Furthermore, specified steps can be carried out concurrently unless explicit claim language recites that they be carried out separately. For example, a claimed step of doing X and a claimed step of doing Y can be conducted simultaneously within a single operation, and the resulting process will fall within the literal scope of the claimed process.

The term “about” as used herein can allow for a degree of variability in a value or range, for example, within 10%, within 5%, or within 1% of a stated value or of a stated limit of a range. When a range or a list of sequential values is given, unless otherwise specified any value within the range or any value between the given sequential values, and the endpoints of any sequence or range, is also disclosed.

The term “substantially” as used herein refers to a majority of, or mostly, as in at least about 50%, 60%, 70%, 80%, 90%, 95%, 96%, 97%, 98%, 99%, 99.5%, 99.9%, 99.99%, or at least about 99.999% or more.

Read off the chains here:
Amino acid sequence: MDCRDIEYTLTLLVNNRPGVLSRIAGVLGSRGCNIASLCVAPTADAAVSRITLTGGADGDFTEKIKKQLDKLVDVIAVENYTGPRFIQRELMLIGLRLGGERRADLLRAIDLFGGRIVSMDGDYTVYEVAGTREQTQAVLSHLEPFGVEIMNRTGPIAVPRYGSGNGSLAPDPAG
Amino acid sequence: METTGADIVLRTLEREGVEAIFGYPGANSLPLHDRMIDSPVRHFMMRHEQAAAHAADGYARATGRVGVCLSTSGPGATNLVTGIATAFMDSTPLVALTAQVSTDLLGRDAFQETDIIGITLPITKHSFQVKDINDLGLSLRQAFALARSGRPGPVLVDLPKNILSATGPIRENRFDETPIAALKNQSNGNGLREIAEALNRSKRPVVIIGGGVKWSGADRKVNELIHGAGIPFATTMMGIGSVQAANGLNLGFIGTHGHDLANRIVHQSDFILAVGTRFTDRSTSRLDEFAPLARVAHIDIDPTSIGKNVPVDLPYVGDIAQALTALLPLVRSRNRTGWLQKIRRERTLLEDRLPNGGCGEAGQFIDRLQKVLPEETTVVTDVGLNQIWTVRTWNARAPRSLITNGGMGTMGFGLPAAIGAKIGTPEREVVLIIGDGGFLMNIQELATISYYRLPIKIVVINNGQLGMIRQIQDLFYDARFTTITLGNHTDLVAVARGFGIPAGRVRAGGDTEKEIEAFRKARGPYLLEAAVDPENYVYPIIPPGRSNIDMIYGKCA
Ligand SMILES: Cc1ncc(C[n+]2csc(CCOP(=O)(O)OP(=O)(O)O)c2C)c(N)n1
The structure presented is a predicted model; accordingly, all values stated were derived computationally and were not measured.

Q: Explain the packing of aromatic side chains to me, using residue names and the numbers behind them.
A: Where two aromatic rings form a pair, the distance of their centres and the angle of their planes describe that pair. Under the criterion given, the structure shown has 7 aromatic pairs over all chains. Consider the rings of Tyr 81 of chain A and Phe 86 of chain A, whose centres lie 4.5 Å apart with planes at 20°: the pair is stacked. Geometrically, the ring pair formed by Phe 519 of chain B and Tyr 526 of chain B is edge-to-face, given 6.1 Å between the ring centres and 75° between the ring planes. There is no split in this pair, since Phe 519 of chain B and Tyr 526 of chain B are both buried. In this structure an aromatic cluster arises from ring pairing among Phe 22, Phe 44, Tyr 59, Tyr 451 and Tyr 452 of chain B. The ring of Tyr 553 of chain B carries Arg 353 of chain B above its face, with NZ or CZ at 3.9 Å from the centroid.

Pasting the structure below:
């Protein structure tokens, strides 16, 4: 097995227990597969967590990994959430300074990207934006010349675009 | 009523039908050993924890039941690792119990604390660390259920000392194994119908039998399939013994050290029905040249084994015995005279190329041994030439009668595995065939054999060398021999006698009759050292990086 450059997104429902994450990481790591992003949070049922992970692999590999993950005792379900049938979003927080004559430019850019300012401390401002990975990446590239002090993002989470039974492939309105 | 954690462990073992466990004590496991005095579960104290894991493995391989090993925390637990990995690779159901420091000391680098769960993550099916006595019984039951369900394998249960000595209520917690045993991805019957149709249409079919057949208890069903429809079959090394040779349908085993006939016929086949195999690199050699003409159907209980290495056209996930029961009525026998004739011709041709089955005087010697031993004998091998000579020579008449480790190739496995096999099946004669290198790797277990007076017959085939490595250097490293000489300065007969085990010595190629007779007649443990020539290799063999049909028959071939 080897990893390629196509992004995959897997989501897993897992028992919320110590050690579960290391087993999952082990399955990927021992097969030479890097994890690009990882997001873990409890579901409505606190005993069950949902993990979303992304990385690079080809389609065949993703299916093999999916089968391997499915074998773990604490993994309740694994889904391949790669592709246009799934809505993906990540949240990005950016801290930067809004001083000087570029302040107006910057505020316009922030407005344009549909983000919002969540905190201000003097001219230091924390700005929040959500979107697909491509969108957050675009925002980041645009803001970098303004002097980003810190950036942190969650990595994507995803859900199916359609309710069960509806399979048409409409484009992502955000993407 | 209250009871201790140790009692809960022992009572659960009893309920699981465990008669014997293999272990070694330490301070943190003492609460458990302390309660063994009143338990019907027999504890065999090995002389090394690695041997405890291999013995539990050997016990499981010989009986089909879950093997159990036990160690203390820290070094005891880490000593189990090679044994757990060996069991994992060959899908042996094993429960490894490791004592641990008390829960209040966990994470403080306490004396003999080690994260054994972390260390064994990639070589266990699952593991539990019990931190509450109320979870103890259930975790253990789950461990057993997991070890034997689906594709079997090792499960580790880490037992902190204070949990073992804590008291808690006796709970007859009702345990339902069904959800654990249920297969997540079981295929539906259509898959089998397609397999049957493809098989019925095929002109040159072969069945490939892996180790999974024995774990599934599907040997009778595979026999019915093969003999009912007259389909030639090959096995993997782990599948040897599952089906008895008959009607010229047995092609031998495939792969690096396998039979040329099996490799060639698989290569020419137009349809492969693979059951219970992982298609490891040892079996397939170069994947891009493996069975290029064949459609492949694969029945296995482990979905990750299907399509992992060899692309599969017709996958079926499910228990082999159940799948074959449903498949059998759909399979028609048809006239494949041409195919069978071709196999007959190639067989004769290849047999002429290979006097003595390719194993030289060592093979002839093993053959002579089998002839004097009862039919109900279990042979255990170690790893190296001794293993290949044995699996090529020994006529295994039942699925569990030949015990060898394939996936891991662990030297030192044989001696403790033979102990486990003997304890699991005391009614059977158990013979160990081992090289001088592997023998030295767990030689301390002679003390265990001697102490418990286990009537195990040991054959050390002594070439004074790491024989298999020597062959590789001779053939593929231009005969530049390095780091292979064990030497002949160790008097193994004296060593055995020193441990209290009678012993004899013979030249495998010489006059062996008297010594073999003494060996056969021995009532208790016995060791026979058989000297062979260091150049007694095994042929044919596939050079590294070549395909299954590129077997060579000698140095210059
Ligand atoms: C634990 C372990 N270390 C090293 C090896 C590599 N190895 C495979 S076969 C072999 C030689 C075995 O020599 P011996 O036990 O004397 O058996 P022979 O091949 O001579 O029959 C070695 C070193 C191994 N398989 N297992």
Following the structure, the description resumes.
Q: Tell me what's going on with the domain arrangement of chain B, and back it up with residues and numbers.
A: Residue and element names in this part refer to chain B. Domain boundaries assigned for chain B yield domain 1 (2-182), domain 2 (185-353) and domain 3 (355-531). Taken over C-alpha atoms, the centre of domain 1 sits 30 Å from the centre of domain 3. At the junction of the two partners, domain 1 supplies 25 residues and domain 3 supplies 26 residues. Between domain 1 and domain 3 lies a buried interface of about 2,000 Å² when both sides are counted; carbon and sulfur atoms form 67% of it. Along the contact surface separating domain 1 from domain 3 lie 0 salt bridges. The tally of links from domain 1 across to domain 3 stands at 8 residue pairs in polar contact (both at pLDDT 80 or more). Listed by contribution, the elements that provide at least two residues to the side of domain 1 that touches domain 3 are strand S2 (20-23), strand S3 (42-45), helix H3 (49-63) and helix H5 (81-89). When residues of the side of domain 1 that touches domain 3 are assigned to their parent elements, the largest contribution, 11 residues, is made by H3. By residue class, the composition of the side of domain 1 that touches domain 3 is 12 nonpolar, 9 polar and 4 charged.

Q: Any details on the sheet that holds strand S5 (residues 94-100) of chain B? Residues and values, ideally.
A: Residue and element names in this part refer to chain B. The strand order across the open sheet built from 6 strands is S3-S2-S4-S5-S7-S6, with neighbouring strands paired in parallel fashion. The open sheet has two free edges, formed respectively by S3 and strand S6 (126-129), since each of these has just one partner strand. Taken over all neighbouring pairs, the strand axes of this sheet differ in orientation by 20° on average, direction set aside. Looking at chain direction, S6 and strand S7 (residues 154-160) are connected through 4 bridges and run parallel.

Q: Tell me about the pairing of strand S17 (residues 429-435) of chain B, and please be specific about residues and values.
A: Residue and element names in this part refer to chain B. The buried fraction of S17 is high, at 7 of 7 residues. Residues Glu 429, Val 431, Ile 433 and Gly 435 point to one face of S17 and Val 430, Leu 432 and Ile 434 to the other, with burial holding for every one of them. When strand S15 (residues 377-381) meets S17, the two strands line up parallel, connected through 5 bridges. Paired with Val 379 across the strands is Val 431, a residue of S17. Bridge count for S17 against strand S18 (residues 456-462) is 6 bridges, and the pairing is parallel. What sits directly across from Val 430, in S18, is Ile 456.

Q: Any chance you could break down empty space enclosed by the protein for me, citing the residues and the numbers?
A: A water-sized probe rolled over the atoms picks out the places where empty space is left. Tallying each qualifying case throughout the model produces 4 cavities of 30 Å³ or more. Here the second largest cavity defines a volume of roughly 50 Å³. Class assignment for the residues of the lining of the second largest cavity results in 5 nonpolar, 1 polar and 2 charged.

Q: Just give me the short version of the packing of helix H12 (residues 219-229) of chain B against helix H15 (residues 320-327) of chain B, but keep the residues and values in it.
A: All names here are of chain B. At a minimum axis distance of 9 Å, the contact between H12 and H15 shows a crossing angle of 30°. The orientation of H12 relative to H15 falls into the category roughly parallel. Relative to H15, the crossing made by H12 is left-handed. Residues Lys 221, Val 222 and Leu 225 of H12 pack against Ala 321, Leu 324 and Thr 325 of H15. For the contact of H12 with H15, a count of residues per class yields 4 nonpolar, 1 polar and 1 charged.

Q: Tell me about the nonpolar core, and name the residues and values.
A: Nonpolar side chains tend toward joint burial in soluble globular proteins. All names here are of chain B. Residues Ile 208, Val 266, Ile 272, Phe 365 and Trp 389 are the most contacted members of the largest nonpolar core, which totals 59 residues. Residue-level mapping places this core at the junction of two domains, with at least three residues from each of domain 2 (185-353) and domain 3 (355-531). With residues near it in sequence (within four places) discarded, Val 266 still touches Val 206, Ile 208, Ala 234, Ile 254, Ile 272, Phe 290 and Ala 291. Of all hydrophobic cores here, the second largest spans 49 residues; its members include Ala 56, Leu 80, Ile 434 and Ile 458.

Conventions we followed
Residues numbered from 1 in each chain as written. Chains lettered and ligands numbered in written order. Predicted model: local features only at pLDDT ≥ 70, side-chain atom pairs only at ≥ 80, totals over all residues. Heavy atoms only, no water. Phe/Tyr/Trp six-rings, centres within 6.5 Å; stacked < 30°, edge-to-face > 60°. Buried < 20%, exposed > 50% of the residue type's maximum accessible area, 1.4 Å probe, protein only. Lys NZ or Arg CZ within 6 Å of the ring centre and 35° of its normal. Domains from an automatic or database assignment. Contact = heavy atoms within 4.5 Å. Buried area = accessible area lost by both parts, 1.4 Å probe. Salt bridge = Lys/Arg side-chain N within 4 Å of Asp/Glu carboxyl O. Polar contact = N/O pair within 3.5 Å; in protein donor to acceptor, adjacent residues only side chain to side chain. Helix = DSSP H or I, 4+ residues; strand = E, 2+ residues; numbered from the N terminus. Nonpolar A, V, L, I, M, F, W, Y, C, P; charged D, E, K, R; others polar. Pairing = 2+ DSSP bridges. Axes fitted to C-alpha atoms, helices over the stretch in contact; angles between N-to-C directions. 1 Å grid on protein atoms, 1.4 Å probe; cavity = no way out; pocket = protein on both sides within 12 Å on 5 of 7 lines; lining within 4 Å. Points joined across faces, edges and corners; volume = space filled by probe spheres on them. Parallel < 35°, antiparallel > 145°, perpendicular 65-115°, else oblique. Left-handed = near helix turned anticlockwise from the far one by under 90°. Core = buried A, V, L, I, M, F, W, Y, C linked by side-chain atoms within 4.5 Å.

The term “organic group” as used herein refers to but is not limited to any carbon-containing functional group. For example, an oxygen-containing group such as alkoxy groups, aryloxy groups, aralkyloxy groups, oxo(carbonyl) groups, carboxyl groups including carboxylic acids, carboxylates, and carboxylate esters; a sulfur-containing group such as alkyl and aryl sulfide groups; and other heteroatom-containing groups. Non-limiting examples of organic groups include OR′, OC(O)N(R′)2, CN, CF3, OCF3, R′, C(O), methylenedioxy, ethylenedioxy, N(R′)2, SR′, SOR′, SO2R′, SO2N(R′)2, SO3R′, C(O)R′, C(O)C(O)R′, C(O)CH2C(O)R′, C(S)R′, C(O)OR′, OC(O)R′, C(O)N(R′)2, OC(O)N(R′)2, C(S)N(R′)2, (CH2)0-2N(R)C(O)R′, (CH2)0-2N(R)N(R)2, N(R′)N(R′)C(O)R′, N(R′)N(R′)C(O)OR′, N(R′)N(R′)CON(R′)2, N(R′)SO2R′, N(R′)SO2N(R′)2, N(R′)C(O)OR′, N(R′)C(O)R′, N(R′)C(S)R′, N(R′)C(O)N(R)2, N(R′)C(S)N(R′)2, N(COR′)COR′, N(OR′)R′, C(═NH)N(R′)2, C(O)N(OR′)R′, or C(═NOR′)R′ wherein R′ can be hydrogen (in examples that include other carbon atoms) or a carbon-based moiety, and wherein the carbon-based moiety can itself be further substituted; for example, wherein R′ can be hydrogen (in examples that include other carbon atoms), alkyl, acyl, cycloalkyl, aryl, aralkyl, heterocyclyl, heteroaryl, or heteroarylalkyl, wherein any alkyl, acyl, cycloalkyl, aryl, aralkyl, heterocyclyl, heteroaryl, or heteroarylalkyl, or R′ can be independently mono- or multi-substituted with J; or wherein two R′ groups bonded to a nitrogen atom or to adjacent nitrogen atoms can together with the nitrogen atom or atoms form a heterocyclyl, which can be mono- or independently multi-substituted with J. Examples of organic groups include linear and/or branched groups such as alkyl groups, fully or partially halogen-substituted haloalkyl groups, alkenyl groups, alkynyl groups, aromatic groups, acrylate functional groups, and methacrylate functional groups; and other organic functional groups such as ether groups, cyanate ester groups, ester groups, carboxylate salt groups, and masked isocyano groups. Examples of organic groups include, but are not limited to, alkyl groups such as methyl, ethyl, propyl, isopropyl, n-butyl, s-butyl, and t-butyl groups, acrylate functional groups such as acryloyloxypropyl groups and methacryloyloxypropyl groups; alkenyl groups such as vinyl, allyl, and butenyl groups; alkynyl groups such as ethynyl and propynyl groups; aromatic groups such as phenyl, tolyl, and xylyl groups; cyanoalkyl groups such as cyanoethyl and cyanopropyl groups; halogenated hydrocarbon groups such as 3,3,3-trifluoropropyl, 3-chloropropyl, dichlorophenyl, and 6,6,6,5,5,4,4,3,3-nonafluorohexyl groups; alkenyloxypoly(oxyalkyene) groups such as allyloxy(polyoxyethylene), allyloxypoly(oxypropylene), and allyloxy-poly(oxypropylene)-co-poly(oxyethylene) groups; alkyloxypoly(oxyalkyene) groups such as propyloxy(polyoxyethylene), propyloxypoly(oxypropylene), and propyloxy-poly(oxypropylene)-co-poly(oxyethylene) groups; halogen substituted alkyloxypoly(oxyalkyene) groups such as perfluoropropyloxy(polyoxyethylene), perfluoropropyloxypoly(oxypropylene), and perfluoropropyloxy-poly(oxypropylene)-co-poly(oxyethylene) groups; alkoxy groups such as methoxy, ethoxy, n-propoxy, isopropoxy, n-butoxy, and ethylhexyloxy groups; aminoalkyl groups such as 3-aminopropyl, 6-aminohexyl, 11-aminoundecyl, 3-(N-allylamino)propyl, N-(2-aminoethyl)-3-aminopropyl, N-(2-aminoethyl)-3-aminoisobutyl, p-aminophenyl, 2-ethylpyridine, and 3-propylpyrrole groups; epoxyalkyl groups such as 3-glycidoxypropyl, 2-(3,4,-epoxycyclohexyl)ethyl, and 5,6-epoxyhexyl groups; ester functional groups such as actetoxyethyl and benzoyloxypropyl groups; hydroxy functional groups such as 2-hydroxyethyl groups; masked isocyanate functional groups such as propyl-t-butylcarbamate, and propylethylcarbamate groups; aldehyde functional groups such as undecanal and butyraldehyde groups; anhydride functional groups such as 3-propyl succinic anhydride and 3-propyl maleic anhydride groups; and metal salts of carboxylic acids such as the zinc, sodium, or potassium salts of 3-carboxypropyl and 2-carboxyethyl.